AHCCCS Administrator Denies Services to Severely Disabled Child, Strikes the Word "Unfortunately" from Judge's Ruling

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rocky.jpg
Jamie Peachey
Rocky Cruz and her mom, Valerie Revering.
Earlier this month, the director of the state's public-healthcare system upheld a decison denying services to Rocky Cruz, a severely developmentally disabled child. Her parents say they're pursuing legal options through the Arizona Center for Disability Law.

Rocky, the 5-year-old daughter of Manny Cruz and Valerie Revering of Glendale, has Down syndrome. Last month, Rocky's pre-school director told New Times the girl is definitely a candidate for institutionalization, and in her estimation, suffers from severe cognitive disabilities. At 5 -- as most kids are pre-reading and learning to write letters -- Rocky cannot use paint appropriately. She has just a couple of words, and can't identify simple shapes. She's not potty trained, and is a constant flight risk.

And yet she didn't come close to qualifying for services through the Arizona Long Term Care System, according to the state's own tool. (Services from ALTCS range from speech therapy to medical care and babysitting.) Rocky scored just below 24 on the test; she would have had to reach 40 to qualify. One reason might be because the test is administered to children 0 to 5, putting her at an automatic disadvantage since she was 4 years and 10.5 months at the time she took it.

Here's New Times' video of Rocky and her mom, together at home.

The state turned Rocky down twice, so her parents appealed, and last month, Administrative Law Judge Sondra Vanella ruled that Cruz is not eligible for services because she did not qualify using the state's tool. (Rocky's parents did not dispute that the test was administered properly; instead they argued it was the wrong test. State officials say it's the only valid way to measure whether a child is qualified.)

In her ruling, Vanella wrote, "Unfortunately, the ALTCS program does not cover everyone who needs therapies, only those whose condition is so severe that, but for the provision of home and commnity based services, they would requre institutionalization."

Apparently, Vanella's small expression of compassion did not sit well with the Arizona Health Cost Care Containment System (AHCCCS), which qualifies Arizonans for ALTCS. Acting on behalf of AHCCCS' director, Thomas Betlach, on June 5 Administrative Hearing Decision Administrator Todd Jensen upheld Vanella's decision and wrote in his order: "the word `Unfortunately'...is hereby stricken and is not adopted as part of this Decision...."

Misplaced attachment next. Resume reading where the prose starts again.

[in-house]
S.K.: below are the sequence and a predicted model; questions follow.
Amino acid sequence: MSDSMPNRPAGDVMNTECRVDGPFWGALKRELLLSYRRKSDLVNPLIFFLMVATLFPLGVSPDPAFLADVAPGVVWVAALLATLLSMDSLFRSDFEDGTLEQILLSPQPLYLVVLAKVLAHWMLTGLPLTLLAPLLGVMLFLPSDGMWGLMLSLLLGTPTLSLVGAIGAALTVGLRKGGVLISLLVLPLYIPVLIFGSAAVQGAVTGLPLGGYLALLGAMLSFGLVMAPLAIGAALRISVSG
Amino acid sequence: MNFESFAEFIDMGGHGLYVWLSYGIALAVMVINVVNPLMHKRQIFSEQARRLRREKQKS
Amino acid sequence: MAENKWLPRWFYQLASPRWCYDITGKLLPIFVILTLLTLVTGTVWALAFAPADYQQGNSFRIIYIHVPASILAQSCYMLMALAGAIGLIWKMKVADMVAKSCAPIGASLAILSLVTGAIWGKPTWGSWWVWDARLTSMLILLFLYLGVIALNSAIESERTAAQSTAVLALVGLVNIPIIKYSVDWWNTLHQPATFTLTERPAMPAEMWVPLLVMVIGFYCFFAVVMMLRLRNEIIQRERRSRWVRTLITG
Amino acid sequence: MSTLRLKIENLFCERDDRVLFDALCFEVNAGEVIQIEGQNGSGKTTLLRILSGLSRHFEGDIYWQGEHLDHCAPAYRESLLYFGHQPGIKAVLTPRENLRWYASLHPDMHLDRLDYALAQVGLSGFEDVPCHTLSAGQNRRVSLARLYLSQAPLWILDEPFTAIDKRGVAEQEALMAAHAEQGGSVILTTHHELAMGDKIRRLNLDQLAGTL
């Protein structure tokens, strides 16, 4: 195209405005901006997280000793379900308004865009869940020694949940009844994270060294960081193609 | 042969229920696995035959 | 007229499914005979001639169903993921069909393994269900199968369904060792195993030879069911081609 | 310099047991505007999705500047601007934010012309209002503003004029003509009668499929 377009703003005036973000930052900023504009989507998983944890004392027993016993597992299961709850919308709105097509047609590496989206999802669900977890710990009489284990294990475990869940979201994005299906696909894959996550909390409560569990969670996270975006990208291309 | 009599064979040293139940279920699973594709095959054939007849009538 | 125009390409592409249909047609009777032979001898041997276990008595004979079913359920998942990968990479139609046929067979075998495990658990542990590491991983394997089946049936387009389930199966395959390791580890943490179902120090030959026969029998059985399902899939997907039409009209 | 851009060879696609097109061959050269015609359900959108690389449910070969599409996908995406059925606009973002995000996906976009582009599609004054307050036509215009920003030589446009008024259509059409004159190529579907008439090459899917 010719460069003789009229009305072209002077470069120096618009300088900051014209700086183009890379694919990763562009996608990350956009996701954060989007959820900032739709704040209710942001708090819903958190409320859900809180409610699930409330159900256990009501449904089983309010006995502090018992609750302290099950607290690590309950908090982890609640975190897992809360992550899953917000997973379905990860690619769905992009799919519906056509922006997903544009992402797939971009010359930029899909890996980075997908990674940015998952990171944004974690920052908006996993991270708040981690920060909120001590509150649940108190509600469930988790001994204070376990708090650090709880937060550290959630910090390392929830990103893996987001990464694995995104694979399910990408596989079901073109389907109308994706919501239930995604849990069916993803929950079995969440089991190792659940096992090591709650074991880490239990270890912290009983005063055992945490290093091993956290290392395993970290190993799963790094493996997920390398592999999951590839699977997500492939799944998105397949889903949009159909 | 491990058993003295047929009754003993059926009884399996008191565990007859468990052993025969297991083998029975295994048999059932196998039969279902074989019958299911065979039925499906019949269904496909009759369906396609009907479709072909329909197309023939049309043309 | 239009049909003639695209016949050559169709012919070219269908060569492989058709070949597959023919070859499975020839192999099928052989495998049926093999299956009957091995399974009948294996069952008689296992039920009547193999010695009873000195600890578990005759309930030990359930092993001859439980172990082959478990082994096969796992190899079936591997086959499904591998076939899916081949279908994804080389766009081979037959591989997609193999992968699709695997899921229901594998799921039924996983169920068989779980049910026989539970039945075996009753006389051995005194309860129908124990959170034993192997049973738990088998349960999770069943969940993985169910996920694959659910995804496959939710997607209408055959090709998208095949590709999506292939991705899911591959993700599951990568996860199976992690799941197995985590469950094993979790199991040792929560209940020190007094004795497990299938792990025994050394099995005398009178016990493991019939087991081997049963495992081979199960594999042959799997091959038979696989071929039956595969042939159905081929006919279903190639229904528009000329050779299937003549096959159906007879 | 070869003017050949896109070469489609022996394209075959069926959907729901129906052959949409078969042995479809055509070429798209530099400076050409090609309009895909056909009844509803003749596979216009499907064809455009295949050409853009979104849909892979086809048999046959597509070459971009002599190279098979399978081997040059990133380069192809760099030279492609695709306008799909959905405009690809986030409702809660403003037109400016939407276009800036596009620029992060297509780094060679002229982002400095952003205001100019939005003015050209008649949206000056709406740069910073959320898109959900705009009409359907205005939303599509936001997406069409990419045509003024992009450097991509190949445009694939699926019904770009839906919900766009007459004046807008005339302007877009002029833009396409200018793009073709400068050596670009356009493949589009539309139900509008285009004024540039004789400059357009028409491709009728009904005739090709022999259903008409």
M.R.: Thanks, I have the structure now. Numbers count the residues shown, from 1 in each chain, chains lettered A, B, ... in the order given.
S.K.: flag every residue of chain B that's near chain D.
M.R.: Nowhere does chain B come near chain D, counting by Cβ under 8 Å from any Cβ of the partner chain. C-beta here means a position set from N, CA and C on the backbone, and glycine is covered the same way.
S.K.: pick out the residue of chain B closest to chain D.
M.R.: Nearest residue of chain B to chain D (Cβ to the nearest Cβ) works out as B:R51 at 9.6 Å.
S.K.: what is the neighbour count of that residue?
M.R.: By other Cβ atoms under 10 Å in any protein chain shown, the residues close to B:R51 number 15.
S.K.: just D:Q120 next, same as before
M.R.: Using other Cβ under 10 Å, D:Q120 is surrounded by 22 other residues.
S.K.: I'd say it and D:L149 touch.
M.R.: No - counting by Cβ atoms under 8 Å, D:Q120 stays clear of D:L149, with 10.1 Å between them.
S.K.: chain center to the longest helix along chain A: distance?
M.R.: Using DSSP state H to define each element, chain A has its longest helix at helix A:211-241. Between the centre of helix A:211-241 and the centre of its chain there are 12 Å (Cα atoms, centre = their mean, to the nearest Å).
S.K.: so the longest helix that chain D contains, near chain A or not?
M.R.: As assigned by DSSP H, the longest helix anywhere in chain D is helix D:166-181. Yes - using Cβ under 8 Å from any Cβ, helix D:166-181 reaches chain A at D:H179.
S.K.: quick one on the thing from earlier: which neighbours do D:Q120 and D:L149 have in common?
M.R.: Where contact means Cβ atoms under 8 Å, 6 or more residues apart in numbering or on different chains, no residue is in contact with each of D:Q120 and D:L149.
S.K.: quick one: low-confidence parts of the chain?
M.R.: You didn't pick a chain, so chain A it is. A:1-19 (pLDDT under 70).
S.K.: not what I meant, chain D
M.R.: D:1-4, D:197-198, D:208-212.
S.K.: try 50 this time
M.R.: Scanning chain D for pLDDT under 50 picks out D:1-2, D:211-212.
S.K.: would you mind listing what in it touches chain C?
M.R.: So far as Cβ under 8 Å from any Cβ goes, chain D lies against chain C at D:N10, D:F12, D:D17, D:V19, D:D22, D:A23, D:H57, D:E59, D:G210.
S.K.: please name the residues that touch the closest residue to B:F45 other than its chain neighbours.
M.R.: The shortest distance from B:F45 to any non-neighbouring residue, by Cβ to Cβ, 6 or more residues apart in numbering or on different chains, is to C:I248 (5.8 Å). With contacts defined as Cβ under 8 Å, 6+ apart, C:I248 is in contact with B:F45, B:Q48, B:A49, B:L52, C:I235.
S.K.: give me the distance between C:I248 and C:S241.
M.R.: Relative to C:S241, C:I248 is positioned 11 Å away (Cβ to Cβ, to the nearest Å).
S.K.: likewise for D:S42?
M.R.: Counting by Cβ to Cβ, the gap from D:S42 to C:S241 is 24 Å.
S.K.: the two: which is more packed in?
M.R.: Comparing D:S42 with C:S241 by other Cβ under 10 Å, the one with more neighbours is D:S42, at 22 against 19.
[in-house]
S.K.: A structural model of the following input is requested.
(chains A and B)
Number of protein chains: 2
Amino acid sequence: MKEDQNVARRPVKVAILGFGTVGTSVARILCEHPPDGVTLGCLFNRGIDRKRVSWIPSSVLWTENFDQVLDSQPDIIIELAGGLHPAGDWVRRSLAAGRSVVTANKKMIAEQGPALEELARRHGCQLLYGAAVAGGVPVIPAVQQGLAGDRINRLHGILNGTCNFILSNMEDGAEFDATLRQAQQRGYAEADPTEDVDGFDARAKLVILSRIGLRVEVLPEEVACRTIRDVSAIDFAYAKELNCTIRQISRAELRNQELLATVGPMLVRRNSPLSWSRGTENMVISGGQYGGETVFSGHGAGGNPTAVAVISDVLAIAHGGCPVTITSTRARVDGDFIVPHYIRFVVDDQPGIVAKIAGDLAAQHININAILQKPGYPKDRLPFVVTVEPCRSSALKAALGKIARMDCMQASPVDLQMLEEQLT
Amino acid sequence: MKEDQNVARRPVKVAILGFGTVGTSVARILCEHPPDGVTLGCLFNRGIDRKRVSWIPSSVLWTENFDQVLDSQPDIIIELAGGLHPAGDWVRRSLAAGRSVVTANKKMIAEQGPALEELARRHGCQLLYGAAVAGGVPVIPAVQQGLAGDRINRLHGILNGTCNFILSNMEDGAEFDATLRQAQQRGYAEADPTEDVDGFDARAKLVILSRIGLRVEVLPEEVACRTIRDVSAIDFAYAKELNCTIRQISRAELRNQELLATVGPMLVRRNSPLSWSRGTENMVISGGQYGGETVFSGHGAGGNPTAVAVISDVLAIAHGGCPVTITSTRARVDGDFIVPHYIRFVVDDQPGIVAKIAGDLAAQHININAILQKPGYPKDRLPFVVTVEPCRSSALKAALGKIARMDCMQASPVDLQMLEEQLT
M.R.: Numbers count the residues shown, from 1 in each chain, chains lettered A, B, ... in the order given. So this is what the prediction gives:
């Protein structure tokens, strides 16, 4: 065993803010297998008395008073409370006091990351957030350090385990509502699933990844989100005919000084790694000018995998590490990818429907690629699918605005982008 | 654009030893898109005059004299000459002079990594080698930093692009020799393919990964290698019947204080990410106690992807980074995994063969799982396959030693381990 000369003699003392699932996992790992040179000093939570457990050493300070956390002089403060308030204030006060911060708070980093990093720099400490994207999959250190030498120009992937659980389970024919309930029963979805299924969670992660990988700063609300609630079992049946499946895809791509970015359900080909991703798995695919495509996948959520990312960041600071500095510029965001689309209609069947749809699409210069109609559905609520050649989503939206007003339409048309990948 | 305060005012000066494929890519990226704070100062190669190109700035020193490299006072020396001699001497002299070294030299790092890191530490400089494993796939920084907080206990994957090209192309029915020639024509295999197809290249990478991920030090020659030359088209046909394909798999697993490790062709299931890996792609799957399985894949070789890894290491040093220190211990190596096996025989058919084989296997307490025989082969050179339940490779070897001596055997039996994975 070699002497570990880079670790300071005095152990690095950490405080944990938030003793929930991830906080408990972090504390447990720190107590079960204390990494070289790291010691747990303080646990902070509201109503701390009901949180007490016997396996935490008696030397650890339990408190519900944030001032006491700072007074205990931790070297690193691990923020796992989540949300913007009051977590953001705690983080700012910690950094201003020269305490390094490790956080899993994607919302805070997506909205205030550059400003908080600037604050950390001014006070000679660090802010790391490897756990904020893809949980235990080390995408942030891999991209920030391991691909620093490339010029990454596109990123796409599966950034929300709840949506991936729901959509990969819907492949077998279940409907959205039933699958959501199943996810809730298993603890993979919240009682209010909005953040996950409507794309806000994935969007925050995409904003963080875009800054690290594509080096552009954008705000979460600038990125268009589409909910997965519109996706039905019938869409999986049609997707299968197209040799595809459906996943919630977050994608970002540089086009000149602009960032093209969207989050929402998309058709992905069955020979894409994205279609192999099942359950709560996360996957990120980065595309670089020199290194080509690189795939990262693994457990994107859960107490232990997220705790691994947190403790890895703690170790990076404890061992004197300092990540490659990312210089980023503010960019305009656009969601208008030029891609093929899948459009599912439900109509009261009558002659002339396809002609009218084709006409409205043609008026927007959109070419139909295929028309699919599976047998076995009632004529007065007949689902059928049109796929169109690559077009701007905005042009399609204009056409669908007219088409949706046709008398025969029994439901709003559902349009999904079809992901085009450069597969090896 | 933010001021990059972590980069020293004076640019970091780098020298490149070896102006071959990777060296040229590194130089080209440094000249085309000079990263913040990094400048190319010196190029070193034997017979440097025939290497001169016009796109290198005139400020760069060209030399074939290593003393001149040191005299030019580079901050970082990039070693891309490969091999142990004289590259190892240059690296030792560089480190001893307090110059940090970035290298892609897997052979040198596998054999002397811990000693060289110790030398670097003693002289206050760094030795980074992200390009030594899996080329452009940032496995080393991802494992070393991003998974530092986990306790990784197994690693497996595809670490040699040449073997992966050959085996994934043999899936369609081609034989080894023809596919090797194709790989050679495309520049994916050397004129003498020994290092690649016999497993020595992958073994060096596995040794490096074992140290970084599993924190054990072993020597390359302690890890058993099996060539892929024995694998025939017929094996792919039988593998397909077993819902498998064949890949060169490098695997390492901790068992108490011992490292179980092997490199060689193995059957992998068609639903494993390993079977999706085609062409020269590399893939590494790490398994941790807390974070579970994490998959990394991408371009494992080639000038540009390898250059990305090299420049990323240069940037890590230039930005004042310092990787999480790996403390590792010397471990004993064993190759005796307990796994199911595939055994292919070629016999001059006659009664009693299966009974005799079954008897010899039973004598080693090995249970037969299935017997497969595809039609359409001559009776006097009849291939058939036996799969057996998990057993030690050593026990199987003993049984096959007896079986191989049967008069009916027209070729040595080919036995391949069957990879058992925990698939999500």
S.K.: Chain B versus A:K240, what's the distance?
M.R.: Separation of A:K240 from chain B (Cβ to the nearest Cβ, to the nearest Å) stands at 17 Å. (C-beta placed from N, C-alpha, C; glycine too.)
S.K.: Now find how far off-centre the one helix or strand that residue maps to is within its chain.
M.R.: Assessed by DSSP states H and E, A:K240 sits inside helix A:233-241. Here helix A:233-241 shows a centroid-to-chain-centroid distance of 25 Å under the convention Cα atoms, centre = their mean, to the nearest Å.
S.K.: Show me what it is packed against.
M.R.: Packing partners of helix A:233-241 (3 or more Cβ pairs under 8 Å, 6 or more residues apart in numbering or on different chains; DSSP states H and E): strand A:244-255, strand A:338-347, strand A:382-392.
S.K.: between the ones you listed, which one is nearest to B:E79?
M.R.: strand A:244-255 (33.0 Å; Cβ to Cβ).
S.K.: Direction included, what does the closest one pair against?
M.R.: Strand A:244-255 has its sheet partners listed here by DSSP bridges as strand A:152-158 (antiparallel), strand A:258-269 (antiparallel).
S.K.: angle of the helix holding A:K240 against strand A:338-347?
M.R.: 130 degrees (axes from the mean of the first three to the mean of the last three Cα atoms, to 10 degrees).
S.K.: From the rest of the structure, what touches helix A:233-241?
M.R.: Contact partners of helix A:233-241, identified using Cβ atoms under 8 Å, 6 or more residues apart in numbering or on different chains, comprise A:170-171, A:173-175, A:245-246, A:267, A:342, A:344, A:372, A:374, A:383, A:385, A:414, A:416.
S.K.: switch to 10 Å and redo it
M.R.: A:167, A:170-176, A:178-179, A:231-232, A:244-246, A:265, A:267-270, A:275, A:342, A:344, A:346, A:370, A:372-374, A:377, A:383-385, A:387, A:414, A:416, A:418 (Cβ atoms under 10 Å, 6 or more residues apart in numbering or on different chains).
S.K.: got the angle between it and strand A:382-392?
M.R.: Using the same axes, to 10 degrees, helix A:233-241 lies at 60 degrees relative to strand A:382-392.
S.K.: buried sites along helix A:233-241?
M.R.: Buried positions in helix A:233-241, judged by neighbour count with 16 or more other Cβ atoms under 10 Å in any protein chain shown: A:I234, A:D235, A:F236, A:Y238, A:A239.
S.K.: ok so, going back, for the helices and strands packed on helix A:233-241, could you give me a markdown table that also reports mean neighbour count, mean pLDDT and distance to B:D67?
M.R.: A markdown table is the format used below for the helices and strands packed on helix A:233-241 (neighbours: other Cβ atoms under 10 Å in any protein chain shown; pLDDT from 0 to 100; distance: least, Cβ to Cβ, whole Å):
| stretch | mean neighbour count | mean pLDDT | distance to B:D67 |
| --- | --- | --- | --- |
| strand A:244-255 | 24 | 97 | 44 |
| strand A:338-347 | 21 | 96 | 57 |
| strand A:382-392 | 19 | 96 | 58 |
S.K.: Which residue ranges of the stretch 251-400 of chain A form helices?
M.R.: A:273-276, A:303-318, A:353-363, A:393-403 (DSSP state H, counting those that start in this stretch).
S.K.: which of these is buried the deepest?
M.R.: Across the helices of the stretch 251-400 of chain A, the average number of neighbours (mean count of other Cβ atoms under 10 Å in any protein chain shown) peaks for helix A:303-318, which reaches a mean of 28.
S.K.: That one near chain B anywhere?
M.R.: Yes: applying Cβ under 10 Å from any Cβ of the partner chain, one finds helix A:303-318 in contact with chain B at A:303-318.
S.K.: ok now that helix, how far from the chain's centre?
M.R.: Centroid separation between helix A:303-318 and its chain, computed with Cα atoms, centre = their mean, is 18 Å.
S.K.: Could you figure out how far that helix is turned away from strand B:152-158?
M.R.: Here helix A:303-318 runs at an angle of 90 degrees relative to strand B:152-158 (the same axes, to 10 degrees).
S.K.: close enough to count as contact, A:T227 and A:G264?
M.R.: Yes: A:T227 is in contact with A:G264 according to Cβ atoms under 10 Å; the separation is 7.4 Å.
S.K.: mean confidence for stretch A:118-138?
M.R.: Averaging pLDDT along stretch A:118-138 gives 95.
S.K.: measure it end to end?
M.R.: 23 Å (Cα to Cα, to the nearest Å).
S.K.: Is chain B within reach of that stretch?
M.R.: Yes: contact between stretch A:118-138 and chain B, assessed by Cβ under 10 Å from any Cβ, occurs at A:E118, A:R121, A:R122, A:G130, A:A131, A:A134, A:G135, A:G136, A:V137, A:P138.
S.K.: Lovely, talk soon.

Since New Times' story on Rocky Cruz, Valerie Revering says service providers have come forward to offer the family help at reduced costs. But she's not done fighting.

"I'm still going to pursue a legal avenue with the Center for Disability Law because we were at a standstill for two important developmental years and I want the state to be aware of the damage their short sightedness caused, not only for Rocky but for a lot of other kids that have been denied services which were obviously necessary," Revering tells New Times.

Jennifer Carusetta, Chief Legislative Liaison for AHCCCS, says her agency does not keep statistics on how many developmentally disabled children are turned down each year for ALTCS. She did note that between January 2011 and April 2012, AHCCCS received almost 50,000 applications from people of all ages. Of those, 23 percent were initially approved.

There are no statistics available on how many kids were able to win services through an appeal.

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2 comments
Astrid
Astrid

This is absolutely unconscionable, Arizona.  My son, now 28, finally did qualify for ALTCS, but that was after his IQ testing showed that he had dropped to MoMR, and that was 11 years go.  That Rocky should not qualify now is unbelieveable --  that cute young girls is so obviously in need of exceptional supervision and care!!!   Was Psychological Testing even submitted?  Because, in the former ALTCS days, psychological test results (as performed by a qualified PhD psychologist) counted heavily in the qualification formula --  that is, they "added points" for lower levels.  My son's IQ exams from high school (required every 3 years to continue to qualify for Special Ed)  were submitted, and that added the extra points for qualification.  Had no Psychological exam (testing IQ) been done, he would not have qualified, either.

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